60 Day Notice to Vacate or Quit

When your tenant has been staying in your unit or dwelling for more than a year, they gain more rights. This means that you must issue them with a 60 Day Notice to Vacate or Quit instead of only 30 days.

Other than this point, everything else is done in the same way. You have to serve the notice in the same way, and the days are calculated using the same method you’d use with a 30 Day Notice. You also cannot accept payments which would take them over the notice period, and you must not break Palm Springs eviction law in any way.

The longer time period may mean you struggle to calculate things properly or that you are more likely to make a mistake, so make sure your eviction attorney checks everything over for you.

Palm Springs 90 Day Eviction for Section 8

A section 8 tenant has their rent subsidized by the government, and as such, they are more at risk than other tenants. As part of the deal which allows them to be subsidized, they also get a longer notice period if you decide that you want them to move out. This can be for any legal reason, including that you are ending your contract with the government.

These tenants will receive a 90 Day Notice allowing them to find new accommodation and move out. During this time, you may not make any other changes such as raising the rent. The 90 days are calculated in the same way as the 30 or 60 day periods, including weekends and ending only on a business day.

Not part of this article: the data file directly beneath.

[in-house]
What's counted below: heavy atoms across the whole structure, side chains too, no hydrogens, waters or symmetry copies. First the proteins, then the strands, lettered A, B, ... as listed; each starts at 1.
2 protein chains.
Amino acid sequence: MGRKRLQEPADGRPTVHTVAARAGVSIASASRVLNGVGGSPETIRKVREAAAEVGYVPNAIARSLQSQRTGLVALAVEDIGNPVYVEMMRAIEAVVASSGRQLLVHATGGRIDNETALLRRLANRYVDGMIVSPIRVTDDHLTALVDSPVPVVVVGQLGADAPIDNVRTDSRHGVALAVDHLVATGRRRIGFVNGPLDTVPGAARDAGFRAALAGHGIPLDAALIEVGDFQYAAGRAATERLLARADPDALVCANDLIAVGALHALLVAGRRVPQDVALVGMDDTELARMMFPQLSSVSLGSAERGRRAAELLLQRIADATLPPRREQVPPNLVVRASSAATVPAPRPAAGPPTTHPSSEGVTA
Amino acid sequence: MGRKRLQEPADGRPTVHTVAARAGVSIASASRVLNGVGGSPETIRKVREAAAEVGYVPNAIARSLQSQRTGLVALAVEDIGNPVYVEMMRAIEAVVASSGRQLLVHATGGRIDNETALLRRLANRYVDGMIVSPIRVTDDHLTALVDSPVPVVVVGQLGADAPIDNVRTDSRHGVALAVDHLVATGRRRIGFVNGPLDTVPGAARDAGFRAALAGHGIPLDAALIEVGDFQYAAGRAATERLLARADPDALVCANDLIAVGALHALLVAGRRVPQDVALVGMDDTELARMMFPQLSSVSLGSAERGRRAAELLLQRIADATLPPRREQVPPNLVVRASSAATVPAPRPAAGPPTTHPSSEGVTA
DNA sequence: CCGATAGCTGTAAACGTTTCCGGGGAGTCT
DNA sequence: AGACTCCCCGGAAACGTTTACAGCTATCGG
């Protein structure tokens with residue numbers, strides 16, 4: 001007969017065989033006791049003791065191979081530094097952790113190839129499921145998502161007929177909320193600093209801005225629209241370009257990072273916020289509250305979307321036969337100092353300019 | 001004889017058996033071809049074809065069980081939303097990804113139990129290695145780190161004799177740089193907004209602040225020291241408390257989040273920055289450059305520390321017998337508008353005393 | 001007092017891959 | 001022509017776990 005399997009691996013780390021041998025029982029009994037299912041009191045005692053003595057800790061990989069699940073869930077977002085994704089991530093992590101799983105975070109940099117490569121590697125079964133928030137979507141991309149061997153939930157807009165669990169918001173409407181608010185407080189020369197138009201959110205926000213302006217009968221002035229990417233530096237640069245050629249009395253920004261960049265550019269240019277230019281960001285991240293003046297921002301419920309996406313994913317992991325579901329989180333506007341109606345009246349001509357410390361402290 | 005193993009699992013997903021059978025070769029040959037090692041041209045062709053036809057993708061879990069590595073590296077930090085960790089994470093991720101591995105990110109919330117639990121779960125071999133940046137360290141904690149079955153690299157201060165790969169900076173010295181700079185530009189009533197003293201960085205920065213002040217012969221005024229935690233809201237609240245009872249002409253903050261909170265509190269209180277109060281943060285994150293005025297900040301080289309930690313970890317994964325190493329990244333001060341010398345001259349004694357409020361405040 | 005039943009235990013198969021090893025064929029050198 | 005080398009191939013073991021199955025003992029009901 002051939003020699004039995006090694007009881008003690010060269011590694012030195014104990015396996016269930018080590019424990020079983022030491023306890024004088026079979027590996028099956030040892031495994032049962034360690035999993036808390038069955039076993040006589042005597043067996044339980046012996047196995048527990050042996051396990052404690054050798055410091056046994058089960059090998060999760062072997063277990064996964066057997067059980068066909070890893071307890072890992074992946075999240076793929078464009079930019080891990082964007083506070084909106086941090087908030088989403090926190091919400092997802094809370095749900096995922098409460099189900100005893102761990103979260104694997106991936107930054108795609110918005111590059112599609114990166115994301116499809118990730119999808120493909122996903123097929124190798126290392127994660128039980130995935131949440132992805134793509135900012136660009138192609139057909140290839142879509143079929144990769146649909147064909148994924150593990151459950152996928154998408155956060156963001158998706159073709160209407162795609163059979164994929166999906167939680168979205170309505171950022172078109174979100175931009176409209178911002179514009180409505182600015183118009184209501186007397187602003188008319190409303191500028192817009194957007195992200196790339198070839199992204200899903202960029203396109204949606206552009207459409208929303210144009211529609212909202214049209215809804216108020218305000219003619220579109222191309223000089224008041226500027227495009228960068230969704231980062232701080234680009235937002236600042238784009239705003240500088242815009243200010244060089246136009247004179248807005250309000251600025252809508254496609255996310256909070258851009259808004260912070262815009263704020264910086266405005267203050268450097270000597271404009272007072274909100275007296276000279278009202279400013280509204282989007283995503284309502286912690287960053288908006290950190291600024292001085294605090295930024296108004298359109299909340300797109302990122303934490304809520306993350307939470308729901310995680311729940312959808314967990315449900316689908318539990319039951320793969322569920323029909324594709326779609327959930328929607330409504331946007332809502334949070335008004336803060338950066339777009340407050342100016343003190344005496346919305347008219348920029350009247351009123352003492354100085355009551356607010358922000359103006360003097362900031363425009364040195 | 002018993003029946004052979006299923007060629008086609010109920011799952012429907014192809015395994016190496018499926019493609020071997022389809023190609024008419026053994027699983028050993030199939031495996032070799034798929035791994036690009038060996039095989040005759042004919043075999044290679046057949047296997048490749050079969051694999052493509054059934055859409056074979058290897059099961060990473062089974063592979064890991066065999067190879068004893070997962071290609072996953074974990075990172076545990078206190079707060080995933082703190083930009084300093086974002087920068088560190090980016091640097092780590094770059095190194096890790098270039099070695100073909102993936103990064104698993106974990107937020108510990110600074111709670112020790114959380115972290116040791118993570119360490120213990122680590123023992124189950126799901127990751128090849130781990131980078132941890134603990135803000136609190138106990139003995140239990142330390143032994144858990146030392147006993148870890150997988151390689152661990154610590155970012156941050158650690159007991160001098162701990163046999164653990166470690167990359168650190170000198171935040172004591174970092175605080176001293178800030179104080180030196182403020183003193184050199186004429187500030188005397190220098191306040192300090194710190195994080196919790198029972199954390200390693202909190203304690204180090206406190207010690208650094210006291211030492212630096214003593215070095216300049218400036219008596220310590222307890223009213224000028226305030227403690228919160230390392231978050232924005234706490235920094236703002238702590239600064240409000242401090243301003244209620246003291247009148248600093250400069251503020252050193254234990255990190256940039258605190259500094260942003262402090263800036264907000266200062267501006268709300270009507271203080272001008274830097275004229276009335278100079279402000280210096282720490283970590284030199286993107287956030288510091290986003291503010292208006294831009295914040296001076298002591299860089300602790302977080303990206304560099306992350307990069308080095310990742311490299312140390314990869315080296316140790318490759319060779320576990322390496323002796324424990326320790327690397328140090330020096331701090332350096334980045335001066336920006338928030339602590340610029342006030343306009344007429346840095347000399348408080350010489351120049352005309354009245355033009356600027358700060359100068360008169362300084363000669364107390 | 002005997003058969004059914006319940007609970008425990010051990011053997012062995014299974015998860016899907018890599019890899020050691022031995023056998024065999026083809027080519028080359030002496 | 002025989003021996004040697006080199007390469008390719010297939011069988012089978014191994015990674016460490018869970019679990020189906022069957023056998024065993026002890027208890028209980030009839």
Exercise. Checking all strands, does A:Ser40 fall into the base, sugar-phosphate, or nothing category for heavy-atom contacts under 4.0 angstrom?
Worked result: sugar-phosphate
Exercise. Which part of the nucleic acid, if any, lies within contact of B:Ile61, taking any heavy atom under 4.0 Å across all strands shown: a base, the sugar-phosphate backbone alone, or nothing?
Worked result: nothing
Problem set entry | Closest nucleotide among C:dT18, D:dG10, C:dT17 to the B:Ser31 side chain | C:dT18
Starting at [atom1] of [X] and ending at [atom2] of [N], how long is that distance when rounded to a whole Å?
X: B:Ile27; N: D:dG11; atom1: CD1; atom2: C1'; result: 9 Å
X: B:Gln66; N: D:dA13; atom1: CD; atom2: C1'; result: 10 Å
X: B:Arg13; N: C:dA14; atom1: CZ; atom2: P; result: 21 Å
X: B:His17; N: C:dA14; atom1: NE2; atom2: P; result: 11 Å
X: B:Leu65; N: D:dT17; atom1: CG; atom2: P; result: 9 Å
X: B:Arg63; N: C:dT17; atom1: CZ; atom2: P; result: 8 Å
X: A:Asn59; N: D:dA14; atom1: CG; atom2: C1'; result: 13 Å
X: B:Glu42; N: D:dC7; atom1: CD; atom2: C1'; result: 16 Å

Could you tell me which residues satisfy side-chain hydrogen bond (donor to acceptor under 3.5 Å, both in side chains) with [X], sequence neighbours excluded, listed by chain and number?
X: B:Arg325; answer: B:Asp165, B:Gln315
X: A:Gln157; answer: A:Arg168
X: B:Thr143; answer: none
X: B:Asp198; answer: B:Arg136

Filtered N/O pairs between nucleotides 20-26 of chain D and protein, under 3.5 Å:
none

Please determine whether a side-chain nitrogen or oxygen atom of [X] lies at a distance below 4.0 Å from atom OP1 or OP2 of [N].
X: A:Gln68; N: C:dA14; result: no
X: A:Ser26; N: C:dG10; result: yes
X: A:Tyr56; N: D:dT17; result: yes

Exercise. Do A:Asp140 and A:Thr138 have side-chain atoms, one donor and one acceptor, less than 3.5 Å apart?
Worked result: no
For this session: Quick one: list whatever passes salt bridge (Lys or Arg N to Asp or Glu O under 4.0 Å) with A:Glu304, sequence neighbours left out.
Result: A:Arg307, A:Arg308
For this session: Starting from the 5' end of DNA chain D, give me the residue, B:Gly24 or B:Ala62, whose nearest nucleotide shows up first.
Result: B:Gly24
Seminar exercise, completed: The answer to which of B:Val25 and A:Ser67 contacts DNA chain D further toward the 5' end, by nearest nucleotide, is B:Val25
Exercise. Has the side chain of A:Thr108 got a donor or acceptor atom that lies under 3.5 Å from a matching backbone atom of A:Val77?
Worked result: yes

Filing an Unlawful Detainer in Palm Springs

If you have given your tenants notice but they have not moved out at the end of the period given or fixed any issues that broke the terms of their lease, then you’ll have to take legal action. Start by asking your Palm Springs eviction attorney to file an Unlawful Detainer Lawsuit.

If your lawsuit is successful – which it should be, if you have followed the correct legal steps – then the Sheriff will serve a 5-Day Notice To Vacate and your tenants will legally be removed from the property.

Residential Evictions

All residential evictions follow the procedures that we have outlined above. Be careful not to try to take matters into your own hands. If you are found forcibly trying to remove your tenants, such as by changing the locks or throwing out their belongings, then you could be subject to a fine of $200 per day!

Commercial Evictions

Commercial evictions may feel very different, and you will certainly be under pressure as evicting a tenant could mean the failure of someone’s business. However, you must remember that you are protecting your own investment by demanding the payment that you are due.

The major difference with a commercial eviction is that if you are demanding your tenant pay their owed rent, and they manage to pay it before the period is up, you must allow them to stay. If they make only a partial payment, however, they must leave. You should make this clear in your eviction notice and update court documents to reflect new totals if you do receive partial payment.

These are the details for the Palm Springs court where evictions are handled:

SUPERIOR COURT OF CALIFORNIA
COUNTY OF RIVERSIDE – Palm Springs Court


3255 E. Tahquitz Canyon Way
Palm Springs, CA 92262
(760) 393-2617

When you need to evict a tenant, make sure that you get real legal advice on your precise situation instead of trying to handle it on your own. You can contact us directly to be matched with a Palm Springs eviction lawyer who will be able to help you.